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As many of our Florida readers know, we have often spoken about how credit card debt can lead to bankruptcy if the credit cards aren’t properly managed or if a life event changes the borrower’s ability to pay. It seems that Americans are once again embracing the willingness of credit card companies and banks to lend them money. The average credit card balance increased in 2014 by 5.9 percent nationally, but the increase in the Miami-Fort Lauderdale area was higher.

Miami-Fort Lauderdale comes in at number 12 on the list of the total credit card debt of metropolitan areas in the country. In December of 2013, the area had over $8.9 billion in credit card debt. That number shot up 8.69 percent by December of 2014 to over $9.7 billion.

Orlando wasn’t too far behind. Orlando came in at number 25 on the list with over $4.2 in December of 2013 and over $4.6 in December of 2014, which is an increase of 9.16 percent. That is a bigger percentage increase than the Miami-Fort Lauderdale area.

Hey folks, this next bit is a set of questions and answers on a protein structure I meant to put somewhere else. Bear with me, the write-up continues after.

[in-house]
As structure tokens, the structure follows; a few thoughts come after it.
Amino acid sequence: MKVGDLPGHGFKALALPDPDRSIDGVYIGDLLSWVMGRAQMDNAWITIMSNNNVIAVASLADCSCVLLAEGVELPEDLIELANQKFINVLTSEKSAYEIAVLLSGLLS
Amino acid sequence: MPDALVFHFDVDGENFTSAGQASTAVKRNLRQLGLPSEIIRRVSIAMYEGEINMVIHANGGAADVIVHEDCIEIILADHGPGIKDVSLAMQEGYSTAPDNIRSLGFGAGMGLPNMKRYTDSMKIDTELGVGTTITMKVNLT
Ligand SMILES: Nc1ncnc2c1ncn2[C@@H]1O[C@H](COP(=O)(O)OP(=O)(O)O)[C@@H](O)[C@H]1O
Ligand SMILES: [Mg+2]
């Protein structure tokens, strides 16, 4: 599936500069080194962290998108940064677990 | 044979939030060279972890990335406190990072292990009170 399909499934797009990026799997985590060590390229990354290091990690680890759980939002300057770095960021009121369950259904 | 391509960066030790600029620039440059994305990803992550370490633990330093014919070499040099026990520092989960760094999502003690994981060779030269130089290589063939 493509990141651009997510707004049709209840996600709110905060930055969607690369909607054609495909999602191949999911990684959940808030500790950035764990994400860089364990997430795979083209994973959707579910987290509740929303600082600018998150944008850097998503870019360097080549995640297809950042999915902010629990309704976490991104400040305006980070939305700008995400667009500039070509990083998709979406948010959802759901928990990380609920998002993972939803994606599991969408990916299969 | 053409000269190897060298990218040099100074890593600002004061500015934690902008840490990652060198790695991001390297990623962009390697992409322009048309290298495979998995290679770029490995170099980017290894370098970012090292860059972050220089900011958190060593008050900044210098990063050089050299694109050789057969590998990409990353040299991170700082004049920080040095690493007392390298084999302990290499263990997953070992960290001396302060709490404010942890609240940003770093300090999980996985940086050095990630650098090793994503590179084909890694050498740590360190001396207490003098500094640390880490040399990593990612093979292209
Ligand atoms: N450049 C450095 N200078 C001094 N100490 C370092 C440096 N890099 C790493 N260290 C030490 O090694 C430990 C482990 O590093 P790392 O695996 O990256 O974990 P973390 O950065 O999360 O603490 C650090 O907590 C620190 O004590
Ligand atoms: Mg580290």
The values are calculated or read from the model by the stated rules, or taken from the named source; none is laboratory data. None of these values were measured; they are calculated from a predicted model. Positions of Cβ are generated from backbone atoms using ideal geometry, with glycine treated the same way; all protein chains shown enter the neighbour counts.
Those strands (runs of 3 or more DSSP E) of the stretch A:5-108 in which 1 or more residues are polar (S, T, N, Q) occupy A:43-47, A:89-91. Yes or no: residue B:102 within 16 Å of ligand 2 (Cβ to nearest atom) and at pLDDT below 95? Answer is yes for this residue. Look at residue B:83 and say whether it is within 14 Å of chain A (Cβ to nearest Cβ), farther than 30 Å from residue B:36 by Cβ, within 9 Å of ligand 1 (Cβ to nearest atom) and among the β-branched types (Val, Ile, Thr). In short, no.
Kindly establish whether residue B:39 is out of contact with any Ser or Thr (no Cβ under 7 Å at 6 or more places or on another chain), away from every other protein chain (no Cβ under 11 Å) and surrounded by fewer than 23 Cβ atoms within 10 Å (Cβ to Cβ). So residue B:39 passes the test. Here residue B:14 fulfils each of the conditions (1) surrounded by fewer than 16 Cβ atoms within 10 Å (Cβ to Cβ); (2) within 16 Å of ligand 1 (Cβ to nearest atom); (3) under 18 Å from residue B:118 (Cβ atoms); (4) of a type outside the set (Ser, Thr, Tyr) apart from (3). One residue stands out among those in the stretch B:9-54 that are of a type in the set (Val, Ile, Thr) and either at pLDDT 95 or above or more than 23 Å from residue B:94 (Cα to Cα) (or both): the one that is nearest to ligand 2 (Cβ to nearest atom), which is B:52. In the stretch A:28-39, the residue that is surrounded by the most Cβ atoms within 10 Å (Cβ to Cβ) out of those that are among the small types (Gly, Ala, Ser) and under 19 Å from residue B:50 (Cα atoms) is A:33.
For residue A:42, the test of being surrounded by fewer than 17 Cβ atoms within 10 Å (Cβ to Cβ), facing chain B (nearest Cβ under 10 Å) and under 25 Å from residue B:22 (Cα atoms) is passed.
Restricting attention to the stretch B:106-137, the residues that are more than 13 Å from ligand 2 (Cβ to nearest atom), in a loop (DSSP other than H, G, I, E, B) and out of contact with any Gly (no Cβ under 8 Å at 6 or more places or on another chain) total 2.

The credit card debt that Americans have outstanding jumped from $606.7 billion at the end of 2013 up to $642.4 billion in December of 2014. One troubling aspect to these numbers is that some of the new debt is being taken on by borrowers who are considered high risk. The percentage of high risk approvals dipped at one point in 2008, but has since increased.

While many borrowers might not have a problem repaying credit card debt, others might find it overwhelming. For those in the latter group, researching options like Chapter 7 bankruptcy can help you to decide how to regain control over your finances.

Source: The Motley Fool, “The Average American’s Credit Card Debt Grew This Much Last Year — How Do You Compare?” Todd Campbell, Mar. 15, 2015